Almádi's name was first mentioned in a purchase deed dated 1493 with regard to a vineyard. Due to the favourable climate and geographical location, viniculture was for centuries the primary source of living in the area until as late as the mid-1880s, when the vineyards were destroyed by a phylloxera epidemic. Almádi's area belonged to the estate of the Chapter of Veszprém, and it only obtained the rank of an autonomous settlement in 1869. From 1901 onwards, the settlement's official name has been Balatonalmádi. Following the phylloxera epidemic, as a result of the distribution of the chapter's estate and of other private land properties, the settlement was gradually growing into a resort in the last quarter of the 19th century. In the areas that had not been replanted with vine, the cellars were transformed and villas, resort houses and baths were built. Alongside with the growth of population, the number of holidaymakers also increased. Since there were guests to cater for, a lot of restaurants, hotels and cafeterias opened, together with the continuously widening range of services. In 1889, Almádi was linked to the regular passenger boat service on Lake Balaton, and in 1909 rail transport also started to operate.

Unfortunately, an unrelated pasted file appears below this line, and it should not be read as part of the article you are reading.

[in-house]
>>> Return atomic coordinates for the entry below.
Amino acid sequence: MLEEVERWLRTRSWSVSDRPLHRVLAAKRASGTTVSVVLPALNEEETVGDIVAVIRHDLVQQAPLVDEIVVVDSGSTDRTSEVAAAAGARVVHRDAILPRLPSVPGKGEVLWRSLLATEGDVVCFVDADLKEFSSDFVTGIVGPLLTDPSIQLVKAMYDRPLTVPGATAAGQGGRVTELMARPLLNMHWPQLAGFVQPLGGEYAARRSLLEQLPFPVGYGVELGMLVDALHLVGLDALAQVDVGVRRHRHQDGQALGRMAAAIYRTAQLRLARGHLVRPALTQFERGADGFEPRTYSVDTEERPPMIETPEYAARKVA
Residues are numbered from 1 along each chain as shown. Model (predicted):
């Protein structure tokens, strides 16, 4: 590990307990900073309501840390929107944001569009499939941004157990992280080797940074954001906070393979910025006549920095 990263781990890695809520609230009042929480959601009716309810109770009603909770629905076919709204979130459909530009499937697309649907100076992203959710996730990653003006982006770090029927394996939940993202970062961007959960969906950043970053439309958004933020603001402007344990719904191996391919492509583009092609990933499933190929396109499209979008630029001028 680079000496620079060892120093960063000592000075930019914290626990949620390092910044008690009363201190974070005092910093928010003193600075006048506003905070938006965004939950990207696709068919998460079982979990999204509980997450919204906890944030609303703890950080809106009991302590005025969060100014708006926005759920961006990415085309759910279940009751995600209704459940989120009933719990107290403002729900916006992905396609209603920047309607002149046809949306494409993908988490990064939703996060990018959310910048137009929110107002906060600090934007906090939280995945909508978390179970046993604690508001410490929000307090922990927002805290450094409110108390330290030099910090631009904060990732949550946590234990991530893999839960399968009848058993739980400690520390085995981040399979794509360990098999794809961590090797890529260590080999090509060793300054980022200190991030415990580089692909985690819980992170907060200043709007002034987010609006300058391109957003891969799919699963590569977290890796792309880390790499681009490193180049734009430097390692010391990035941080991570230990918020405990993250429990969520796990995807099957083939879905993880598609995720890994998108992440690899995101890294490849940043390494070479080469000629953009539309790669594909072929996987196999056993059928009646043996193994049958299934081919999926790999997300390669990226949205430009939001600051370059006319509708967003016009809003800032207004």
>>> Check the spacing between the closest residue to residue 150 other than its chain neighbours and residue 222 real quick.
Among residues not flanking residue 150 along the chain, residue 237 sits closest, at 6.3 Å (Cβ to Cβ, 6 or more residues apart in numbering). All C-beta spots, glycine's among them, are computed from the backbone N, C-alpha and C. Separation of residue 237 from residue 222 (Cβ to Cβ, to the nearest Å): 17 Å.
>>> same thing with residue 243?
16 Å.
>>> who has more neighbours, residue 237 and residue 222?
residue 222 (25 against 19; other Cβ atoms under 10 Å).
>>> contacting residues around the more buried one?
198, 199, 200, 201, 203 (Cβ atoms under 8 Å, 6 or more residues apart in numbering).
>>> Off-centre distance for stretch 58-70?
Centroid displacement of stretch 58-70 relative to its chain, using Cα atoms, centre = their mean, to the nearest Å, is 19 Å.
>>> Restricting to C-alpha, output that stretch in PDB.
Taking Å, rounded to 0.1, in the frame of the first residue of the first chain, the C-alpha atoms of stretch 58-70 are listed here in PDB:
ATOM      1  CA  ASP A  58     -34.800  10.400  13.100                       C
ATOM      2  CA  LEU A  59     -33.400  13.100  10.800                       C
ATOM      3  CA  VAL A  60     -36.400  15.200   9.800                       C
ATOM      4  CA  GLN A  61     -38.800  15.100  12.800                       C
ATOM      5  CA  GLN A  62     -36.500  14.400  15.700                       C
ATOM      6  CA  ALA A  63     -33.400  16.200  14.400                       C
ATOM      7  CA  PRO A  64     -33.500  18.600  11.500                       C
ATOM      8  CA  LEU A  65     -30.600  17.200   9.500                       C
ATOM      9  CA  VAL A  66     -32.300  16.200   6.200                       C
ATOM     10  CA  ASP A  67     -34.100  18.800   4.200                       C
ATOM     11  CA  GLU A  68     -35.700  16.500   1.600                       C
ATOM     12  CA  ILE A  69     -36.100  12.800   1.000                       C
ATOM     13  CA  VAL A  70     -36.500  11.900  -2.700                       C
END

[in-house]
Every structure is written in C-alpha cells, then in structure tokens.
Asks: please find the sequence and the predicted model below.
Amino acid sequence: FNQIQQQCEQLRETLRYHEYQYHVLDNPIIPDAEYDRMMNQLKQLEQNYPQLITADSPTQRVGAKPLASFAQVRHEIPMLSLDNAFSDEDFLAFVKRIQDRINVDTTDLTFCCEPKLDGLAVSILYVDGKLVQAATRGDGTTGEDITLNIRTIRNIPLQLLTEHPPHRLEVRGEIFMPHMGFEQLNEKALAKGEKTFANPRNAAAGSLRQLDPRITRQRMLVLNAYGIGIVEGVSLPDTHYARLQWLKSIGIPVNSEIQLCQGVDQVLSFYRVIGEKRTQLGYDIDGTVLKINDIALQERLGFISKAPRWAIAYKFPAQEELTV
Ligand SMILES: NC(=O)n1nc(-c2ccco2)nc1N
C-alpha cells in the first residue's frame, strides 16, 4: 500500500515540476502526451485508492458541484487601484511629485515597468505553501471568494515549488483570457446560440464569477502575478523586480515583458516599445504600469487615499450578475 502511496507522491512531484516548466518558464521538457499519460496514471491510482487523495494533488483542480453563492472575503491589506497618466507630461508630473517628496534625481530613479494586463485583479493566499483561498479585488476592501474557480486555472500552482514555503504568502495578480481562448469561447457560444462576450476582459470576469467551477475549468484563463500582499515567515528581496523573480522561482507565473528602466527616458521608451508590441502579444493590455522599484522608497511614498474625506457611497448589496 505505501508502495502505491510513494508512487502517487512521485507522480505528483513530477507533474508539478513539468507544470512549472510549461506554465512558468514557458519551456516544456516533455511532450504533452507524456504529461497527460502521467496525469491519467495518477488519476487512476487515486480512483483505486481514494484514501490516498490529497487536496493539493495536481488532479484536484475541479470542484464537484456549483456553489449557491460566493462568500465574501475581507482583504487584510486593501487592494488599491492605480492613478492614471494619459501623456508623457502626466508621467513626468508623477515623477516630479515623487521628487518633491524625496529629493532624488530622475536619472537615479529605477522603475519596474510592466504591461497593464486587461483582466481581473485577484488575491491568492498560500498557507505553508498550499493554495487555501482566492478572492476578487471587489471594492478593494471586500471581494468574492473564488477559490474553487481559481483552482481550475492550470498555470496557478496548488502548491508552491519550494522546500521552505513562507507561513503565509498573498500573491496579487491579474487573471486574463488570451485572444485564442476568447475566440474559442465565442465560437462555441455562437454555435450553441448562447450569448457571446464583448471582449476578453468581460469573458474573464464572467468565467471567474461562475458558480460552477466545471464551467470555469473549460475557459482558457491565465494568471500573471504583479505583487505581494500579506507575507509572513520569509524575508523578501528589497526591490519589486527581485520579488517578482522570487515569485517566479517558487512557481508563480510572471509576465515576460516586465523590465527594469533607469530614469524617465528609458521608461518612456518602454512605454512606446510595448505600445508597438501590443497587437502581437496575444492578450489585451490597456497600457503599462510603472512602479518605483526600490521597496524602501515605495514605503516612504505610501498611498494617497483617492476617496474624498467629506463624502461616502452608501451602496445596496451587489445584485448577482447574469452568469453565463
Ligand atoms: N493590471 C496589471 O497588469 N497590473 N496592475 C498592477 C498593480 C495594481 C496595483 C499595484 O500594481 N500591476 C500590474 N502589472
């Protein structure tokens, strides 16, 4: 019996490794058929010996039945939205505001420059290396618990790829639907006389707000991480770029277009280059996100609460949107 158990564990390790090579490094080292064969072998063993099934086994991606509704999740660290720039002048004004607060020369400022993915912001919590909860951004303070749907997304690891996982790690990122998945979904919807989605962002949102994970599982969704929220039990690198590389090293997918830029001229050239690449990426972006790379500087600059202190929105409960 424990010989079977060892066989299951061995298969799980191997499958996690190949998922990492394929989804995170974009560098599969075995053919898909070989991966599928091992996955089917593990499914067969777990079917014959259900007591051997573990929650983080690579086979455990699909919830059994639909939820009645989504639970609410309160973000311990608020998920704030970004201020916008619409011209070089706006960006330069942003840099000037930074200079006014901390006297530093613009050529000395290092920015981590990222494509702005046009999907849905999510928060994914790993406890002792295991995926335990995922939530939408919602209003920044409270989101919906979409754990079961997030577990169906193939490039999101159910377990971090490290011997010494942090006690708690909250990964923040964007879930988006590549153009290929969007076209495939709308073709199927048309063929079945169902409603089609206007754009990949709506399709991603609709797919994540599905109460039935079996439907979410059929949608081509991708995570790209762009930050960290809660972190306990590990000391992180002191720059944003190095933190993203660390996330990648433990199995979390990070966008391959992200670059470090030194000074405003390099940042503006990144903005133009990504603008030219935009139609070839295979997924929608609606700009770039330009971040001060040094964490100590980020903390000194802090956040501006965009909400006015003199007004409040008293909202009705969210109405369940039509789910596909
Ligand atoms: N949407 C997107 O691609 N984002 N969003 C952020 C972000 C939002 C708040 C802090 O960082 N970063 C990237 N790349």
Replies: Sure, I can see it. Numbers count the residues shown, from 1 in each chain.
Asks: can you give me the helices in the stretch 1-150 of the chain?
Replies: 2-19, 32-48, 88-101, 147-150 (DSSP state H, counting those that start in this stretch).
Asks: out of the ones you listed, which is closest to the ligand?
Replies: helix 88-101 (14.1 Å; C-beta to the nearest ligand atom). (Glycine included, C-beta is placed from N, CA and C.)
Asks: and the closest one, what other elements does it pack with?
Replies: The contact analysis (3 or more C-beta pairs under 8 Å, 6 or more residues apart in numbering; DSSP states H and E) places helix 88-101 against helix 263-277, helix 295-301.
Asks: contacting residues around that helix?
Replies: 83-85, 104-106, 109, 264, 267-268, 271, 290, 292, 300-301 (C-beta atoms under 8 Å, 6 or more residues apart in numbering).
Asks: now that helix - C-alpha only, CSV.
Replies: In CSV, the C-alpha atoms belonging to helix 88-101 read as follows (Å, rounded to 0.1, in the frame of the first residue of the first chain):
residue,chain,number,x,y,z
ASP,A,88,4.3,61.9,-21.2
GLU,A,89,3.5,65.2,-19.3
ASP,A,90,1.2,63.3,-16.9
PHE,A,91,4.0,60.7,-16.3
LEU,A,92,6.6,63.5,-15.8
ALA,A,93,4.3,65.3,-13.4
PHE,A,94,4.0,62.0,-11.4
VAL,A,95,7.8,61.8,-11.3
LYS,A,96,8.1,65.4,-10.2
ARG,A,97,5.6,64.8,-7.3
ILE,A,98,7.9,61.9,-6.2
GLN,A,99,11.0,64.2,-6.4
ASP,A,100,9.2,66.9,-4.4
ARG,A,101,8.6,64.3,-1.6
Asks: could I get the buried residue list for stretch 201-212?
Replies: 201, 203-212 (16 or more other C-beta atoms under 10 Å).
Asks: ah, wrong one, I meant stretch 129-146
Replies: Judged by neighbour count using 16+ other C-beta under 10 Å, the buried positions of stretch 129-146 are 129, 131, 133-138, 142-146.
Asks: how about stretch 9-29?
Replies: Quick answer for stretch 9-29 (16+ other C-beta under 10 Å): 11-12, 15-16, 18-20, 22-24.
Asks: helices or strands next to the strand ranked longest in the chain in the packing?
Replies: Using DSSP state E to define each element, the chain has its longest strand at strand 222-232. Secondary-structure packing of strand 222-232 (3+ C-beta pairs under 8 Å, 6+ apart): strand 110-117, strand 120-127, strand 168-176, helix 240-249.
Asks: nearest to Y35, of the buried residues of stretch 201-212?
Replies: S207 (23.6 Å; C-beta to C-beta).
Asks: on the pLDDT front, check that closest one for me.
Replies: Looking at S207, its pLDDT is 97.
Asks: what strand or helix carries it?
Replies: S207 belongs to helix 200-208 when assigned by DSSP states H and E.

Káptalanfüred used to be part of the estate of the Chapter of Veszprém. Following the above-mentioned distribution of land in the 1930s, a settlement of mainly holiday homes emerged. Until 1952, this area was part of the county Zala, but it reached as far as Balatonalmádi's distributed plots of land. The memories of the past are kept by Káptalanfüred's oak and pine trees, which give shelter to hundreds of resort houses.
Situated near trunk road 71, Budatava is the youngest and most urbanised part of Balatonalmádi, with a multitude of resort houses and hotels built by the shore. Along the coastline an uninterrupted strip of reedy waterworld can be found, reaching as far as the bay of Fűzfő.
The settlement was raised to the rank of town in 1989. Today the number of residents is 8,300. Local institutions have been established on a small town's scale. The young are educated at three kindergartens and three primary schools.
The Hungarian-English bilingual secondary grammar school, taking students from all over the country, was opened in 1988. The town's music school is located in the beautifully renovated building of the former village hall. The public library and the community centre provide excellent opportunities for education and leisure time activities. The Új Almádi Újság (Almádi News) is a popular local paper. The regional Öböl-TV (Bay TV) regularly broadcasts local events of importance.